My first e-commerce site was a self-hosted site that had Mal’s e-commerce, which was essentially like a stripped down Paypal commerce tool. It was bare bones but there was a freedom in that; I could make it whatever I wanted. However, I was the one responsible for updates and tech support.

Today, you can keep your site self-hosted, or you can head over to a fully hosted e-commerce site for not very much money, which is super awesome. But what is the best option for you? Check out my e-commerce resources guide to decide where you should put your money and why.

This post contains affiliate links for which I receive a small commission that helps me keep running Handmade Brooklyn, and it’s no extra cost to you!

Self Hosted

What it is: You host your e-commerce site on your own domain.

Pros: Absolute freedom when it comes to design, products, hosting…the world is yours! To be entirely honest, this is my favorite option. MSC is self-hosted and it’s backend is WooCommerce, which is a WordPress plugin. I had a variety of hosted sites before, but I wanted to customize my website in ways that it was hard to do without doing it on my own. And actually, all of my blogs are hosted under MSC’s hosting plan, so I get to keep all of my domains under one place.

What’s most important is that you rely on nothing to generate your sales. If Etsy went down and that was your only platform, you’d be S.O.L. When you’re self-hosted, you aren’t beholden to any other website.

Cons: Depending on how you want to accept payments, you’ll probably need to add an SSL certificate (which adds the “s” in https://) to make sure you’re adhering to PCI compliance. PCI compliance are the rules and regulations for accepting credit cards online. Luckily, you can usually get around this by having your payment options hosted at third parties like PayPal.

Also, you’ll be responsible for upkeep and IT support if the website does down

E-Commerce Resources:


BlueHost is the leader in e-commerce websites. They’re incredibly fast servers leave little downtime (in my experience) and they’ve got baller customer service.

A Small Orange is really good for dipping your toes in the water. Their plans are fairly cheap and they’re a good way to get started without a lot of investment.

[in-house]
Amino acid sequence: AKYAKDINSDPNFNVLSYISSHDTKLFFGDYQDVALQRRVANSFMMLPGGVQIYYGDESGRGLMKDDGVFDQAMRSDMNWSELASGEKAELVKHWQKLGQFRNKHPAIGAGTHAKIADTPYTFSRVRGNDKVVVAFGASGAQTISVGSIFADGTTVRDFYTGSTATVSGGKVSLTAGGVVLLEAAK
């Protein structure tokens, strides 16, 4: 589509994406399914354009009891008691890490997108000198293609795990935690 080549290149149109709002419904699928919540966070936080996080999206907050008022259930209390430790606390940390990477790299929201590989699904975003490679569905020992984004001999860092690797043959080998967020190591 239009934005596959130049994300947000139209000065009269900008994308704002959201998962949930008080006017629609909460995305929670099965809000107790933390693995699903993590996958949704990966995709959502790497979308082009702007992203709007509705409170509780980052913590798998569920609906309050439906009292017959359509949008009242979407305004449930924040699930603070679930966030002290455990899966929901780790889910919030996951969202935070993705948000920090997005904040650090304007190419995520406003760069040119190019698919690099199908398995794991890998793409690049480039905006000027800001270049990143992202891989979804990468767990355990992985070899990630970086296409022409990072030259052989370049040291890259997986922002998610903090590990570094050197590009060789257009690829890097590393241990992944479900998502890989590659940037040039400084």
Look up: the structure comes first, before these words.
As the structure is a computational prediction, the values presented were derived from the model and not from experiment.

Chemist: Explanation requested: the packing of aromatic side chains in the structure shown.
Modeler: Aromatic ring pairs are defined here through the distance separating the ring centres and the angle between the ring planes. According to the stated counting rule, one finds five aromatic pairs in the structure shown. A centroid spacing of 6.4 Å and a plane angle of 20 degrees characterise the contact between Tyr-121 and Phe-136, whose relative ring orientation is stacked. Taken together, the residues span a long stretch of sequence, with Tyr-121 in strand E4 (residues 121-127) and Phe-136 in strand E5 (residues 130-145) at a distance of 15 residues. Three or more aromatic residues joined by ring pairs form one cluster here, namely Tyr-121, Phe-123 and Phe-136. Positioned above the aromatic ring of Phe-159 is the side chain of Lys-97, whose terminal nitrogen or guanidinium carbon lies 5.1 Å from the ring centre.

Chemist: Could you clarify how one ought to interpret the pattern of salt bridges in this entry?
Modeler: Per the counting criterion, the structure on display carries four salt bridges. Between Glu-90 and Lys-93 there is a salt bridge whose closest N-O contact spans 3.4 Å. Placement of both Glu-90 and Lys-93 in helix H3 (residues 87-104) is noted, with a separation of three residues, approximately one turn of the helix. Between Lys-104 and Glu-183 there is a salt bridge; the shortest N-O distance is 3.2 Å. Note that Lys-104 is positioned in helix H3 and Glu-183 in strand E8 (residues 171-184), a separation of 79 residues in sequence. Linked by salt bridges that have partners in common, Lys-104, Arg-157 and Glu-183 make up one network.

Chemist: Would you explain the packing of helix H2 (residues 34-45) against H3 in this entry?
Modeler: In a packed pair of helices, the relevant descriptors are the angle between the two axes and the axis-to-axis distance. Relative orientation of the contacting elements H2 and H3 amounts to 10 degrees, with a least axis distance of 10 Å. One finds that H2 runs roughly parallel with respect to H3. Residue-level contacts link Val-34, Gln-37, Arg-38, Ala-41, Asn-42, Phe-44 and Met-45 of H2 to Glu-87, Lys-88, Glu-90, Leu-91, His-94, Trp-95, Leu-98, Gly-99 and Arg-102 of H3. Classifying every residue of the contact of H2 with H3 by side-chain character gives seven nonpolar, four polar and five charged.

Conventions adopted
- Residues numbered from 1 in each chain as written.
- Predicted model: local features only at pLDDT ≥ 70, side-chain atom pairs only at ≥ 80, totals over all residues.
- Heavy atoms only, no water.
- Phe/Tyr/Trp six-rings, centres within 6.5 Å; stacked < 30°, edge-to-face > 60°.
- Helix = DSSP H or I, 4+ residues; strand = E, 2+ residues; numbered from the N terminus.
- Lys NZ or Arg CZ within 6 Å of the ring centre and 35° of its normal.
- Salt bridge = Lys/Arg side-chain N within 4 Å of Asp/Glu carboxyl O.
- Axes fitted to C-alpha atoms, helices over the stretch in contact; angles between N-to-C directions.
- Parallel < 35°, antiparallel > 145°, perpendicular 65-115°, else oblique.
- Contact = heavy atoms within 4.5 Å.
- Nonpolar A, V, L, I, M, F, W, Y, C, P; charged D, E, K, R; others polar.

WooCommerce is a plugin designed for WordPress, so you need to have WordPress installed first. It’s beautiful in its simplicity, but it comes with only the barest of bones. Now, there are a TON of free plug-ins that help make WooCommerce more robust, but some of them you really need to pay for to make the site functional (shipping profiles, for example). I had to add a bunch of plugins that all-totaled would not have been very cost effective had I not used a subscription service like WooGPL to assist with the cost. (NOTE: I know that isn’t the best way to go about getting plugins, but in the interest of being transparent with you guys I don’t want to lie and pretend I dropped $1200 on plugins, when really I only dropped $40).

PrestaShop I used for years. I felt fancy telling people that they had never heard of it because it was French, but really, I should’ve told them they never heard of it for a reason. Granted, I haven’t used this in many years, but my PrestaShop site was so full of bugs that it wouldn’t allow customers to checkout during Black Friday weekend. :( Kind of an important weekend for e-commerce. No matter how many times I did fresh installs it never seemed to work…if you’ve used PrestaShop recently leave a comment and let me know how it’s improved!

ZenCart really takes me back. It’s a totally free shopping cart system that is probably built into your hosting Cpanel (if you don’t know what I’m talking about, it’s okay). It wouldn’t be considered a lovely system nowadays, but it was a workhorse shopping cart that did what you needed when you needed.

Magento is a cart I tried and totally gave up on. Now, I’ve been coding websites since (WARNING: Nerd moment) I was 15 and geocities was the place to be, but Magento was so un-intuitive and hard to work with, I gave up after a week.

Ones I’ve never used so can’t vouch for: OpenCart, X-Cart, osCommerce, UberCart

Design Options

ThemeForest has themes for all of those platforms (even ZenCart!) and also has really awesome plugins and add-ons for cheap. My current theme for MSC is from there and I love that it’s elegant, customizable, and most importantly, has amazing support.